In a statement delivered on the 14 September 2015 at the Opening Panel of the Forum 2000 Conference on “Democracy and Education” in Prague, Professor Hans Köchler, President of the International Progress Organization (I.P.O.), said that the Western world’s consensus on “liberal democracy” is based on an imprecise notion of the democratic process.
He explained the conceptual confusion between representation of the popular will (as in parliamentary systems) and direct participation of the people in the legislative process (by way of referendum). While the latter is the original form of democracy (rule by the people), the former – rule on behalf of the people – has often become a tool of powerful interest groups who have succeeded in influencing or dominating political parties.
Hans Köchler recalled the legacy of the late Václav Havel, philosopher and statesman, founder of Forum 2000, who, during the Velvet Revolution of 1989, emphasized the sovereign role of the citizen and the importance of direct democracy. For the sake of precision, the President of the I.P.O. suggested that, in debates about the democratic paradigm, one should make a clear distinction between direct and indirect (representative) forms of decision-making; lobby-rule should not uncritically be accepted as a kind of democratic “best practice.”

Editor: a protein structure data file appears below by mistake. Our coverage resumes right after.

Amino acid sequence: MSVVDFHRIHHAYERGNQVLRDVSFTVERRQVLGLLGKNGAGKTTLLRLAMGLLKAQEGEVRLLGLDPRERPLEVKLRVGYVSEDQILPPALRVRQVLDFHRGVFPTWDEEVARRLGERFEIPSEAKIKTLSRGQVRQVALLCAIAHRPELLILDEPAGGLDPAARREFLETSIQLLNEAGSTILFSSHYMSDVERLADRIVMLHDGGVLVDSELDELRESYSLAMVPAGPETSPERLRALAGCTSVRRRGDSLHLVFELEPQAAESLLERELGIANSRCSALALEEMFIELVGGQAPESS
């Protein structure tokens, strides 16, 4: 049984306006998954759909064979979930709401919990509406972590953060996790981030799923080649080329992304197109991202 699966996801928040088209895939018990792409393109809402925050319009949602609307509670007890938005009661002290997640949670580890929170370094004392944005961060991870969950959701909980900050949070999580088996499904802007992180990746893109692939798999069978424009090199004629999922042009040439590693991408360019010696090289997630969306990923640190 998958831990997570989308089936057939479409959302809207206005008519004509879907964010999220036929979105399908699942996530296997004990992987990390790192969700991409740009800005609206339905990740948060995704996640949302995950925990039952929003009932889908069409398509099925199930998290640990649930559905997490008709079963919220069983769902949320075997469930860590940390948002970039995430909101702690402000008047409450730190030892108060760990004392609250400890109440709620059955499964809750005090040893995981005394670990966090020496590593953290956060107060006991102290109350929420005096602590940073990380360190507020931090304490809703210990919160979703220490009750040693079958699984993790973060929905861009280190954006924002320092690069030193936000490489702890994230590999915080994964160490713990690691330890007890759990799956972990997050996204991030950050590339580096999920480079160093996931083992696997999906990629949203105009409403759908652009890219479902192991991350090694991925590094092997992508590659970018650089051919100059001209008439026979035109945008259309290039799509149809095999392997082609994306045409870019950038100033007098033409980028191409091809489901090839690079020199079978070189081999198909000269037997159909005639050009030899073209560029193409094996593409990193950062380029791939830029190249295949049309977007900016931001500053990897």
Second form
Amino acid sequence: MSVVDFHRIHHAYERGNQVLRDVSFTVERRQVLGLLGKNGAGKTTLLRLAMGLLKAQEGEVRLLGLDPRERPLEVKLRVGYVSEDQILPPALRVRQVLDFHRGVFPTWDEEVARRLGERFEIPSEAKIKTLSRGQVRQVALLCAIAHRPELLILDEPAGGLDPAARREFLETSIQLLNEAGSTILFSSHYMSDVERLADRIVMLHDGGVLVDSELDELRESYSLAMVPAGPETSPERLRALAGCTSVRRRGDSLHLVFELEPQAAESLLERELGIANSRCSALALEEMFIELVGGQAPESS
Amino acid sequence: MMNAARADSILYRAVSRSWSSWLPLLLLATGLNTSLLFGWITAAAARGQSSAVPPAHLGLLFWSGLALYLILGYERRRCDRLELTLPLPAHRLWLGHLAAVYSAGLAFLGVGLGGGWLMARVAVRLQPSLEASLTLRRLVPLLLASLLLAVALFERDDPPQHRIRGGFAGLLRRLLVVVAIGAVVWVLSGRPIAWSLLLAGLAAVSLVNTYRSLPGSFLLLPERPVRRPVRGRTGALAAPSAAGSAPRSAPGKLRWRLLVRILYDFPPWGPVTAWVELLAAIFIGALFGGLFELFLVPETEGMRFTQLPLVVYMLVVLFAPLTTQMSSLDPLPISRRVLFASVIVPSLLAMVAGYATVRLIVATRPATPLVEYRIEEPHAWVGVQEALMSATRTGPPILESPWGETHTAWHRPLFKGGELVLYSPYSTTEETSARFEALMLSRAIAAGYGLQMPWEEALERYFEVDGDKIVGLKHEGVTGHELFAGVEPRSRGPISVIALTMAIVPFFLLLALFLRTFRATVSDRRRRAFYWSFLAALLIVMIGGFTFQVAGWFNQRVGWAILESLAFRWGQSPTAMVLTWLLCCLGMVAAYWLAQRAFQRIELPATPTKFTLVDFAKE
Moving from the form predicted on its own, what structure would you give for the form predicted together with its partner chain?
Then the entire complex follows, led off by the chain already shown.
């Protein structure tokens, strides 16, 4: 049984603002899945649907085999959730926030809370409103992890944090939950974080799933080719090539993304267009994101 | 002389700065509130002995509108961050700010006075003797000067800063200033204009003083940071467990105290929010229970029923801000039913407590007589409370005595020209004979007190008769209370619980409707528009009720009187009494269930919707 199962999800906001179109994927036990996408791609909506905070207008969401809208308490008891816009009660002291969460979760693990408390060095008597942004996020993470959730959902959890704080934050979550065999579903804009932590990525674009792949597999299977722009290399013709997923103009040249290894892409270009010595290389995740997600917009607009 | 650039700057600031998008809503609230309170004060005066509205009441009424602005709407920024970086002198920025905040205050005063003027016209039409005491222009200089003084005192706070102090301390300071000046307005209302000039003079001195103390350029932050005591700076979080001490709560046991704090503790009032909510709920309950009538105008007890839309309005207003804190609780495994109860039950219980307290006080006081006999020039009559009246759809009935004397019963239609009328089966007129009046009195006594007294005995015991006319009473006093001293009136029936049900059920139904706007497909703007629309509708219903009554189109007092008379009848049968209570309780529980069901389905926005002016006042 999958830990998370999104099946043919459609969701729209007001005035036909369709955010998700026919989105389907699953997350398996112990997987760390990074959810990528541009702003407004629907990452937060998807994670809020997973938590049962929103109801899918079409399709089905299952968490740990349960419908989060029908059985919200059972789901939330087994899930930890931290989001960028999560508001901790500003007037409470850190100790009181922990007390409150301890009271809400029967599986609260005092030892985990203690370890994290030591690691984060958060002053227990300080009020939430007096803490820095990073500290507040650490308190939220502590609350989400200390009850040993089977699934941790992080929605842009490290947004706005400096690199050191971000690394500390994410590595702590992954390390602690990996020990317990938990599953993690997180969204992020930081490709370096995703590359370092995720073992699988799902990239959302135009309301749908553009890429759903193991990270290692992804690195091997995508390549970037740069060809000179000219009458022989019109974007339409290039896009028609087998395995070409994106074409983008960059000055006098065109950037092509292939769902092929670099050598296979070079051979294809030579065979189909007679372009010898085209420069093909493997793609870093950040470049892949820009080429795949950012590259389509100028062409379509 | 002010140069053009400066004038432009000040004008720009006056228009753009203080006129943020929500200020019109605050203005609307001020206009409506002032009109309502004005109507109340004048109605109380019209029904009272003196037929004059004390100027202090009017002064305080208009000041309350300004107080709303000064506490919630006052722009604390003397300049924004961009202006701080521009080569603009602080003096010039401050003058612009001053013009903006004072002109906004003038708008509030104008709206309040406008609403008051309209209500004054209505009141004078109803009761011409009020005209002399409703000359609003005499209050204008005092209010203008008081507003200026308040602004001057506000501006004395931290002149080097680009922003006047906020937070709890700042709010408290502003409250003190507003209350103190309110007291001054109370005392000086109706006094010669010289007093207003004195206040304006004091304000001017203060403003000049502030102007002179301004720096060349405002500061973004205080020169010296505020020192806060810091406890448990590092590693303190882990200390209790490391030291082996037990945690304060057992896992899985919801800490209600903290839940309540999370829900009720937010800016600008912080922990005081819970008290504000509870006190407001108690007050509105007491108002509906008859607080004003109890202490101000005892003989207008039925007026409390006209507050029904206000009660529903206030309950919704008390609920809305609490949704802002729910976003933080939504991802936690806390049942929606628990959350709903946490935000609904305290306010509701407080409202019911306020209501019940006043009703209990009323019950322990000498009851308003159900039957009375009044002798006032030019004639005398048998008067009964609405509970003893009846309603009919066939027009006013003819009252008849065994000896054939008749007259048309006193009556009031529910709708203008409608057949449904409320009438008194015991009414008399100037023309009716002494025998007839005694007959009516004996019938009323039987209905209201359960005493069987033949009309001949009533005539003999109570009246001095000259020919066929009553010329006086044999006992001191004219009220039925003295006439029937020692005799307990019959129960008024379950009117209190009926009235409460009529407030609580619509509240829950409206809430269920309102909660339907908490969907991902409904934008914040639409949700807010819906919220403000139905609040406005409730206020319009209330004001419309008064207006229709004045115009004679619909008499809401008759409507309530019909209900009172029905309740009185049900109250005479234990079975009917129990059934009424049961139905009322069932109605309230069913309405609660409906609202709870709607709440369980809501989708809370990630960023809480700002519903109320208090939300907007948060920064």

Answering to a panel report on the human rights situation in Egypt, Professor Köchler highlighted the double standards of most Western governments who propagate “liberal democracy” as global paradigm on the one hand and, on the other, keep silent about a military coup and the abrogation of democratic procedures by use of armed force as in the case of Egypt.
Among the speakers of the panel were Nobel Peace Laureate F. W. de Klerk, former President of South Africa, and Petr Pithart, former Prime Minister of the Czech Republic. The session was chaired by Jacques Rupnik, Director of Research at Centre d’Etudes et de Recherches Internationales (CERI) (Paris), and former Advisor to President Václav Havel. •
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